Sunday, March 4, 2012

Inflammation and Immunity...Good or Bad?

by Glen Depke

Overall most of my clients will come in thinking that inflammation is bad and immune function is good. Based on what mainstream information tells us, this makes sense right?

Maybe, maybe not.

If you have inflammation, most have been taught to take an anti-inflammatory and/or use ice to reduce this. Even though this is the norm, get this...inflammation is a necessary component of a healing crisis and it is definitely a positive response. I would also add that inflammation is a sign that the immune system is doing its job.

As mentioned above, most will look at an immune system response as a very positive response, but that is not always the case. Understand that the immune system response as tied into inflammation occurs when the cells of the immune system are activated in response to antigens released during either acute of chronic inflammation. This is beneficial when antigens are neutralized but this can be severely detrimental if the underlying cause of the inflammation is not resolved.

So you can see that  an immune response is typically positive for you, but it can actually lead to further damage and inflammation. Often I see this poor response lead to autoimmune reactions and eventually full blown autoimmune disease. Understanding that autoimmune disease basically means tissue destruction.

When discussing the biochemistry of inflammation and immunity, these areas are at the top of my list.

During inflammation, these particular events are very common:
  • IgG enters the tissues and stimulates phagocytes to destroy detrimental bacteria
  • Eosinophils act to control allergies
  • Neutrophils release lysozyme to destroy detrimental bacteria
  • Mast cells "burst" and release histamine and serotonin as a defense mechanism against antigens bound to IgE that are attracted to mast cells
  • The end product of the inflammation process is often pus, which is comprised of dead tissue
I would also like to add that an excessive production of particular immune system chemicals can cause inflammation. These are:
  • Interleukin 1
  • Interleukin 6
  • Tumor necrosis factor-alpha
Let's take some time to address specific questions that I have received by followers of Depke Wellness in regard to immune function and inflammation.

Do anti-inflammatory drugs suppress immune function?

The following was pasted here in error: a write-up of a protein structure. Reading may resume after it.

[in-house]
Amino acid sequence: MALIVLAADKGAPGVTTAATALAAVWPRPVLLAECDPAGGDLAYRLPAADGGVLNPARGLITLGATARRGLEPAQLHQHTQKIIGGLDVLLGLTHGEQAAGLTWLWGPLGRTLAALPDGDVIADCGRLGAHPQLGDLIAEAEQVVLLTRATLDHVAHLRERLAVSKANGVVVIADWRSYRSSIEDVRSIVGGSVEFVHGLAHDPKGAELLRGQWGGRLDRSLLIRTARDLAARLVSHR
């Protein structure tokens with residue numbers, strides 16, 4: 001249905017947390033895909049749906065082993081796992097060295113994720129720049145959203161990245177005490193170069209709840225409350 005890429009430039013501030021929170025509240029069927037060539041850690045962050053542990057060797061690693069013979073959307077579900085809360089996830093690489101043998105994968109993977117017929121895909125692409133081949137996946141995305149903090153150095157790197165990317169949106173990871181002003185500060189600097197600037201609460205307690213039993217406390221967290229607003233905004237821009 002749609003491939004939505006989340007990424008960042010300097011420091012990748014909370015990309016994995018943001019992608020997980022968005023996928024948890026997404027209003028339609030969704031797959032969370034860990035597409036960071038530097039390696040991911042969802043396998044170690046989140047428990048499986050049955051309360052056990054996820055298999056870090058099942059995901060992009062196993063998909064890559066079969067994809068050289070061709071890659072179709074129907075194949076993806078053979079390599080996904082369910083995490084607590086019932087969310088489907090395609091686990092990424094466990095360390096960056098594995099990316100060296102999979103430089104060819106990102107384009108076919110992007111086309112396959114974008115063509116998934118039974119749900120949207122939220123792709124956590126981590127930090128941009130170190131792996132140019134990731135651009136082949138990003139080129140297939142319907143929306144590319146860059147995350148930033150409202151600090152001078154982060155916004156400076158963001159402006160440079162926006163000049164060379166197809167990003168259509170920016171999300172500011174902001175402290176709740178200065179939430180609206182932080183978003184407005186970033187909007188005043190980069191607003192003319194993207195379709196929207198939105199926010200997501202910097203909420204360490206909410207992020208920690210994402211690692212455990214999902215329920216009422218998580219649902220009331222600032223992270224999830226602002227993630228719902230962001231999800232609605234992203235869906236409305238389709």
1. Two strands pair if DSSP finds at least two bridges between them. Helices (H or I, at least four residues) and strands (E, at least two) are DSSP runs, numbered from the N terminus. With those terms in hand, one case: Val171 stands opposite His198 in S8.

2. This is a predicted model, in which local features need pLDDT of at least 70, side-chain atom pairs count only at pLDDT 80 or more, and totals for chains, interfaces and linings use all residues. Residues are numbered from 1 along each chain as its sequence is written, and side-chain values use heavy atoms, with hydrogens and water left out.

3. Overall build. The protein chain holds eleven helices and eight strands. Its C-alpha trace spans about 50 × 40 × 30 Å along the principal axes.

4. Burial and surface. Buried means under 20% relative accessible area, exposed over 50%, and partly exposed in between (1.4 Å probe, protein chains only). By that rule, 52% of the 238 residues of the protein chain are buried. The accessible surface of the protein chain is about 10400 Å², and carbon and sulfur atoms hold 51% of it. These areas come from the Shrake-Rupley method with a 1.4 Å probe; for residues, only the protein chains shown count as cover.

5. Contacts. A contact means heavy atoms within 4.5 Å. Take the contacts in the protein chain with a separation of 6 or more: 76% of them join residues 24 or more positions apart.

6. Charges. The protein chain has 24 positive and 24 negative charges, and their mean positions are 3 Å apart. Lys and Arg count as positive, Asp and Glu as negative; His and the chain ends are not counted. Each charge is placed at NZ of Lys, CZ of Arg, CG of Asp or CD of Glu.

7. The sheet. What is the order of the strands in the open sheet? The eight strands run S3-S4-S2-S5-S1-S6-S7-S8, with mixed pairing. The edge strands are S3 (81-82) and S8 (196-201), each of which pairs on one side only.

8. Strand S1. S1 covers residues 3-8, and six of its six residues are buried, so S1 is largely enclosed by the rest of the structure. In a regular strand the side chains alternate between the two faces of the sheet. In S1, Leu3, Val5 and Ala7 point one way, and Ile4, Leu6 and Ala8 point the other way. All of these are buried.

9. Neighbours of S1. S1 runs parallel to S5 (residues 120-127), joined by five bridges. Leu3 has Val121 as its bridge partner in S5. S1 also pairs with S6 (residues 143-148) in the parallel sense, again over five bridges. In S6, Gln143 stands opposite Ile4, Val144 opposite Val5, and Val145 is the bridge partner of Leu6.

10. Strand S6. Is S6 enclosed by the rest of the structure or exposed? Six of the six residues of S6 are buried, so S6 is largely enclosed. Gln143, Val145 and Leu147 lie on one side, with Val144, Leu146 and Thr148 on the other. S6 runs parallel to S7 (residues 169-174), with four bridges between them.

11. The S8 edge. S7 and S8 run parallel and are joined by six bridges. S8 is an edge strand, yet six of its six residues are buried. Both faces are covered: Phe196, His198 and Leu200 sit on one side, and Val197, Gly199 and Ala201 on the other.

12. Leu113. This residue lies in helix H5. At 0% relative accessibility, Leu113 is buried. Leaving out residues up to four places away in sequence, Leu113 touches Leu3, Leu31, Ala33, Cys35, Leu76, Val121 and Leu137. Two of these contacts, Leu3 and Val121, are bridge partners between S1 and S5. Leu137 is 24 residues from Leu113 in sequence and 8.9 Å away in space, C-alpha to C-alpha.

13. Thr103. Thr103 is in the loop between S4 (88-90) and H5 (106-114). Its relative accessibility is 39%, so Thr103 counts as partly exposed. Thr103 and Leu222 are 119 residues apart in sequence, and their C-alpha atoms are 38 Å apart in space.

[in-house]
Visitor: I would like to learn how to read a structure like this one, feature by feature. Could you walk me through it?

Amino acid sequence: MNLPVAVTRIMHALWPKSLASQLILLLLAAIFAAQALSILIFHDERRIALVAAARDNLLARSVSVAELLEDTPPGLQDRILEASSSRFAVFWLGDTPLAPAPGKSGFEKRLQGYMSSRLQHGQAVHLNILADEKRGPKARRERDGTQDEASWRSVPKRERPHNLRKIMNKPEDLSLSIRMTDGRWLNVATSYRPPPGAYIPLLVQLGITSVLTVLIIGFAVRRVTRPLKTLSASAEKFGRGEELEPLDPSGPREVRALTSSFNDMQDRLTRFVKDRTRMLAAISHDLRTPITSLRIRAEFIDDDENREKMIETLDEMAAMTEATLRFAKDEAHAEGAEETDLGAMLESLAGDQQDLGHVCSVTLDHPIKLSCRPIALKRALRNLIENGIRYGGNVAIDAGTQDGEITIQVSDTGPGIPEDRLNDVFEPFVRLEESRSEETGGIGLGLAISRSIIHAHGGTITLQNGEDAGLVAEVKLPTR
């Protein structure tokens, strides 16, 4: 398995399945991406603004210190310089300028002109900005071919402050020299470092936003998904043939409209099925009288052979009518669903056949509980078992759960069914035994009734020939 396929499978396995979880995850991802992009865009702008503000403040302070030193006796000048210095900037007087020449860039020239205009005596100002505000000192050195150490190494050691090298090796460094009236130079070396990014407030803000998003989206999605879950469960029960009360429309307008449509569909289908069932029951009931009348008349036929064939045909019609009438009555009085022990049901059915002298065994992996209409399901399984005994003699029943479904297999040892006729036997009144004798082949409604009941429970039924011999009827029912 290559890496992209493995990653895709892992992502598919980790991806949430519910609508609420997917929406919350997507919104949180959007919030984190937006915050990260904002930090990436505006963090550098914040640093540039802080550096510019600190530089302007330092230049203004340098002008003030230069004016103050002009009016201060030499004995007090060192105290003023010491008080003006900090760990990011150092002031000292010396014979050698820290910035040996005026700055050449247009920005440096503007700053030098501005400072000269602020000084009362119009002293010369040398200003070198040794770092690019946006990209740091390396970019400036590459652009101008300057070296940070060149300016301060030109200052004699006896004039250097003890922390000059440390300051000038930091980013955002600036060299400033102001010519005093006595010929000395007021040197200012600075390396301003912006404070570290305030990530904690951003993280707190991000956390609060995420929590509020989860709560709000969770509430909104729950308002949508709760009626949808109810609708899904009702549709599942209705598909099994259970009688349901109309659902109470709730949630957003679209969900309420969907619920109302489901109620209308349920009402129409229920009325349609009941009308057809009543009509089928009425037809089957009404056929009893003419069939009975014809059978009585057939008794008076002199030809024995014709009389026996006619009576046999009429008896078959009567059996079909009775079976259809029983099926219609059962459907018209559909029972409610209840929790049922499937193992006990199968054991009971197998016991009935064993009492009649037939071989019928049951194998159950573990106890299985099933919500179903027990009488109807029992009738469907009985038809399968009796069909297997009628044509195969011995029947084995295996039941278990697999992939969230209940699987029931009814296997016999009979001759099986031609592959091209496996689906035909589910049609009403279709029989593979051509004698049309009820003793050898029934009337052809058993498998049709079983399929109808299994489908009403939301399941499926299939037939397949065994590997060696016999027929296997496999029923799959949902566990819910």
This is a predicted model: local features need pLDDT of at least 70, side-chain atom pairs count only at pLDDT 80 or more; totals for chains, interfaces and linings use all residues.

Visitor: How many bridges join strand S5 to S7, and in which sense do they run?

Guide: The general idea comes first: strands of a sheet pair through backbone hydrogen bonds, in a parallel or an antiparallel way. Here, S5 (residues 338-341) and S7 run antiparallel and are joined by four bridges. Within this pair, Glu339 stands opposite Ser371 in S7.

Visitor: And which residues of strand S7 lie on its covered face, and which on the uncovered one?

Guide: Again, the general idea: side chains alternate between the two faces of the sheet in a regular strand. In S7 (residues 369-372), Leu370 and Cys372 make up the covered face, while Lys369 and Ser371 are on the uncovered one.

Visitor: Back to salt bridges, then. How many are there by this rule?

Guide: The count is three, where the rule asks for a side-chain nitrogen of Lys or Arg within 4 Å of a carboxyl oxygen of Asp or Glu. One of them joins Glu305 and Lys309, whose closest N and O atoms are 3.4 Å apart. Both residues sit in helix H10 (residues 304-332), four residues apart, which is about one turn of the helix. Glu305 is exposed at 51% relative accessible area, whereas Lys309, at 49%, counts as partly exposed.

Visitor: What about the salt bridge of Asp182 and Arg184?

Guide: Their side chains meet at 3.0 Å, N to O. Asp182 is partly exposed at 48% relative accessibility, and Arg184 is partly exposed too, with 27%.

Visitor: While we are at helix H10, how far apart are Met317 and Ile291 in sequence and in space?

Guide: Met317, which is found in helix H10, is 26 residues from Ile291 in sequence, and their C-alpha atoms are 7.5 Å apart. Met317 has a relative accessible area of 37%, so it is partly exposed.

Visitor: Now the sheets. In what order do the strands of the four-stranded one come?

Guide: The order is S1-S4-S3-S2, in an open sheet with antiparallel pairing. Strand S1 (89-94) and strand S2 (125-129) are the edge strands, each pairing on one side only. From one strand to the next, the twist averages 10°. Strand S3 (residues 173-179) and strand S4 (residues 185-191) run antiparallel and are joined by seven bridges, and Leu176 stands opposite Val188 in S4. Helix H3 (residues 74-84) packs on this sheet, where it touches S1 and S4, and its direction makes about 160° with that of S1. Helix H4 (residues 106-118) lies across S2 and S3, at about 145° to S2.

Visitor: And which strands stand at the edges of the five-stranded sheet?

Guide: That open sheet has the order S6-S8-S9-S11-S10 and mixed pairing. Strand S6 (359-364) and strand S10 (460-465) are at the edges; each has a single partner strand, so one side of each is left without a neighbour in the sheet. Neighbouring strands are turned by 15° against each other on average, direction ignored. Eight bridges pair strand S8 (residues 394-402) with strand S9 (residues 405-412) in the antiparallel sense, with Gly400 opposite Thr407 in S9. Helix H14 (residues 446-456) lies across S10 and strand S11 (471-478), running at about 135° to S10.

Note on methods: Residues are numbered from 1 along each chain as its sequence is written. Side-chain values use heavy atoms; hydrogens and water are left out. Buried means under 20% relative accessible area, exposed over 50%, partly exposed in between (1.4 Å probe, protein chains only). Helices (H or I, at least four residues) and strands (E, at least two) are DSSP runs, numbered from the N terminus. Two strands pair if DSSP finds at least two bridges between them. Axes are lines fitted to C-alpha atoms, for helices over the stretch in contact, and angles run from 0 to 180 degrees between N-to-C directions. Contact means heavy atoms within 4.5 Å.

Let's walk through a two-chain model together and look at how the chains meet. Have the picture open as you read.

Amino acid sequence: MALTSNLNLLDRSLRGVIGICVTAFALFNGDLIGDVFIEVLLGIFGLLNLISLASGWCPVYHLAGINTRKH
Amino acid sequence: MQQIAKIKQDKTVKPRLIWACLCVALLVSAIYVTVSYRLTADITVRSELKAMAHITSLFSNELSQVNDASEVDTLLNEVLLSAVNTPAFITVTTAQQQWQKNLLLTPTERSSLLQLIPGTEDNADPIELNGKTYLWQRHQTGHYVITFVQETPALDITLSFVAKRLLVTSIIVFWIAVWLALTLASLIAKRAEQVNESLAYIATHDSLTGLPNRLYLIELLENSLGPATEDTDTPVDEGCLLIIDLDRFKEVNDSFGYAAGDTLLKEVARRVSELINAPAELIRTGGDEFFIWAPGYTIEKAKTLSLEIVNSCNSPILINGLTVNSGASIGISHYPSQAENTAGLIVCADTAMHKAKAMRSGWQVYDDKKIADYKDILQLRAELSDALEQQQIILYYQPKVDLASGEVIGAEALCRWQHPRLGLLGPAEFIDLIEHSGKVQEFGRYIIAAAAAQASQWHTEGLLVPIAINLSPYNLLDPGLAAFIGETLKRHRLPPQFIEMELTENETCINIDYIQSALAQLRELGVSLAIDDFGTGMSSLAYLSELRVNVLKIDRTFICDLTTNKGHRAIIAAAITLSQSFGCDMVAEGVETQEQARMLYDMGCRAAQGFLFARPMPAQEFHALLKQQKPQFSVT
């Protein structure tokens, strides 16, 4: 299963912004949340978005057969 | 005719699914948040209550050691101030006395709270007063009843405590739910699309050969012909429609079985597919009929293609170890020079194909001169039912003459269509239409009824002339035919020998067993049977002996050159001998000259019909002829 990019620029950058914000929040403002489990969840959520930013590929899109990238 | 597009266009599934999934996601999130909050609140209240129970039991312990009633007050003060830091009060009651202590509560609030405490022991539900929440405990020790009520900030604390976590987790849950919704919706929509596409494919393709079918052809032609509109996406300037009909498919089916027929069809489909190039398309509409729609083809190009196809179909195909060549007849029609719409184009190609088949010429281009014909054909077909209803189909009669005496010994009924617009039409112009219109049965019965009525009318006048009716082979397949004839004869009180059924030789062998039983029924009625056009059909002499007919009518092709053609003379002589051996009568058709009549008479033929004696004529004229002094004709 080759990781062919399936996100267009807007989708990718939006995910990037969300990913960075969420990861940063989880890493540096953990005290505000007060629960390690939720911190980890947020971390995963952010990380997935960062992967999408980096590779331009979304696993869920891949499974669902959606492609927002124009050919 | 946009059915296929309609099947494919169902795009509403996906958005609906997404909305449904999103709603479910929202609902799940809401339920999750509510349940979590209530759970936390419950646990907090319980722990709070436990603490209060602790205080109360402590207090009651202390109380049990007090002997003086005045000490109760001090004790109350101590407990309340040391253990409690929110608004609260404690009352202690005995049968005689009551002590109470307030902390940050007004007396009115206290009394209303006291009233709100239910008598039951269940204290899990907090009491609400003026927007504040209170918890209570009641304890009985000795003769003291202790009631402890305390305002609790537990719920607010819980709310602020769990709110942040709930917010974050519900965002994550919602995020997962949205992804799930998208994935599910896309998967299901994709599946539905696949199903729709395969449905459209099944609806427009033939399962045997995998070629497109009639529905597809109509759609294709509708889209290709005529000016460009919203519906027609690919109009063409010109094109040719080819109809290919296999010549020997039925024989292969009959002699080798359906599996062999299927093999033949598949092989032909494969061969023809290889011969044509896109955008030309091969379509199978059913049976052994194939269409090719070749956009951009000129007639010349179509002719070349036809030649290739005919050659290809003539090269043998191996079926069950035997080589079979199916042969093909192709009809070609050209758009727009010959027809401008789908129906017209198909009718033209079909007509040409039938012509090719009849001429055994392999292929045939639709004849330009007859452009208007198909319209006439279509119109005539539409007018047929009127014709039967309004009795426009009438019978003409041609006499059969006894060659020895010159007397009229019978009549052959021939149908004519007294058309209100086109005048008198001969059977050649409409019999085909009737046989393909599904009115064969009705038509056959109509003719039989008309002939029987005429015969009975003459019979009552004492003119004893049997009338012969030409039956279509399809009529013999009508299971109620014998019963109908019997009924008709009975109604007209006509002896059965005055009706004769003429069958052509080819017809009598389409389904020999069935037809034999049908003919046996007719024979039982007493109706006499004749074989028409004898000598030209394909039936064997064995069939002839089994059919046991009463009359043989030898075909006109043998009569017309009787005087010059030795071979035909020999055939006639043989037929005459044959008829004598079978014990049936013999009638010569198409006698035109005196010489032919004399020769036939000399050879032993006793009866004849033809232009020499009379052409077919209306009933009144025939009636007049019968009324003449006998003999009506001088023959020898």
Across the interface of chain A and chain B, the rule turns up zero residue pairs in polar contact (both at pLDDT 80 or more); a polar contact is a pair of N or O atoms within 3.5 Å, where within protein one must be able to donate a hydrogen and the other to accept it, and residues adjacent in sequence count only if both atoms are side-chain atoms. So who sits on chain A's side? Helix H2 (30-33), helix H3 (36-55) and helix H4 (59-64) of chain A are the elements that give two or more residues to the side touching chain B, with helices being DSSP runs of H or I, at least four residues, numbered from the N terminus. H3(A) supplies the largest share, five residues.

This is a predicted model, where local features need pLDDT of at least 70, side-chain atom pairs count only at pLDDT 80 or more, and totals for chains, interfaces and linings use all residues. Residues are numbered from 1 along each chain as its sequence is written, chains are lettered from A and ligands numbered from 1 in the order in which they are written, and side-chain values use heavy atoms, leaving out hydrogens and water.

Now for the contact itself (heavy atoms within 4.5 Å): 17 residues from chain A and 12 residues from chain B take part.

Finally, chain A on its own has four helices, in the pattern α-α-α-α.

I would not say that this is a direct suppression but the immune function does suffer when taking anti-inflammatory drugs. This mechanism is tied into anti-inflammatory drugs such as NSAIDs (non-steroidal anti-inflammatory drugs) inhibit an enzyme which is involved in the production of other chemicals in your body. These chemicals allow the blood vessels around an infection to have an ease of permeability for the movement of immune system components such as white blood cells. This allows the ease of immune function to the active site of the infection. With this understanding, the inflammatory response is significantly reduced this suppressing the immune response at this infection location.

Is the immune system like a battery or an engine?

Great question. I always say the immune response is a mechanism but to be honest with you, it is also the battery and the engine. The immune system is such a complex system that involves an immense quantity of components. Here are some of the most significant components of the immune system.
  • Thymus
  • Spleen
  • Lymph system
  • Bone marrow
  • White blood cells
  • Antibodies
  • Complement systems
  • Hormones
Collectively this shows the synergy of the mechanism, battery and engine, per your question. 

Do you store up immunity or use it as needed?

The answer here is both. Even if we just looked the the different types of white blood cells, you would recognize the some may last only a few hours, some a few days or some months or even years. Thankfully the immune system is in a constant state of regeneration but I will expand on this deeper with the question below.

Is immune function always available in varying amounts based on your overall health?

Your question here actually answers this perfectly. As long as you are alive immune function is available, but this is going to vary based on each persons focus on health and wellness as well as genetic capabilities. Recognize that two people can be exposed to the same pathogen, in the same amounts, yet respond so differently. The healthier individual will likely have a very strong immune response, move through the challenge rather quickly and likely eliminate the pathogen with ease. The less healthy individual may take a considerably longer duration of time to overcome or if their vitality is too low, they may not even have a strong enough immune response to overcome the pathogen. This would stall the healing crisis and lead to a chronic disorder.

If you have any questions or comments to this article, feel free to leave these below for me to answer personally.


  1. Is immunity always appropriate?

  2. While it is always appropriate, it is not always in your best interest. If you body drops into and autoimmune reaction or a full blown autoimmune disease, this is not a preferred immune response that will actually lead to further chronic challenges.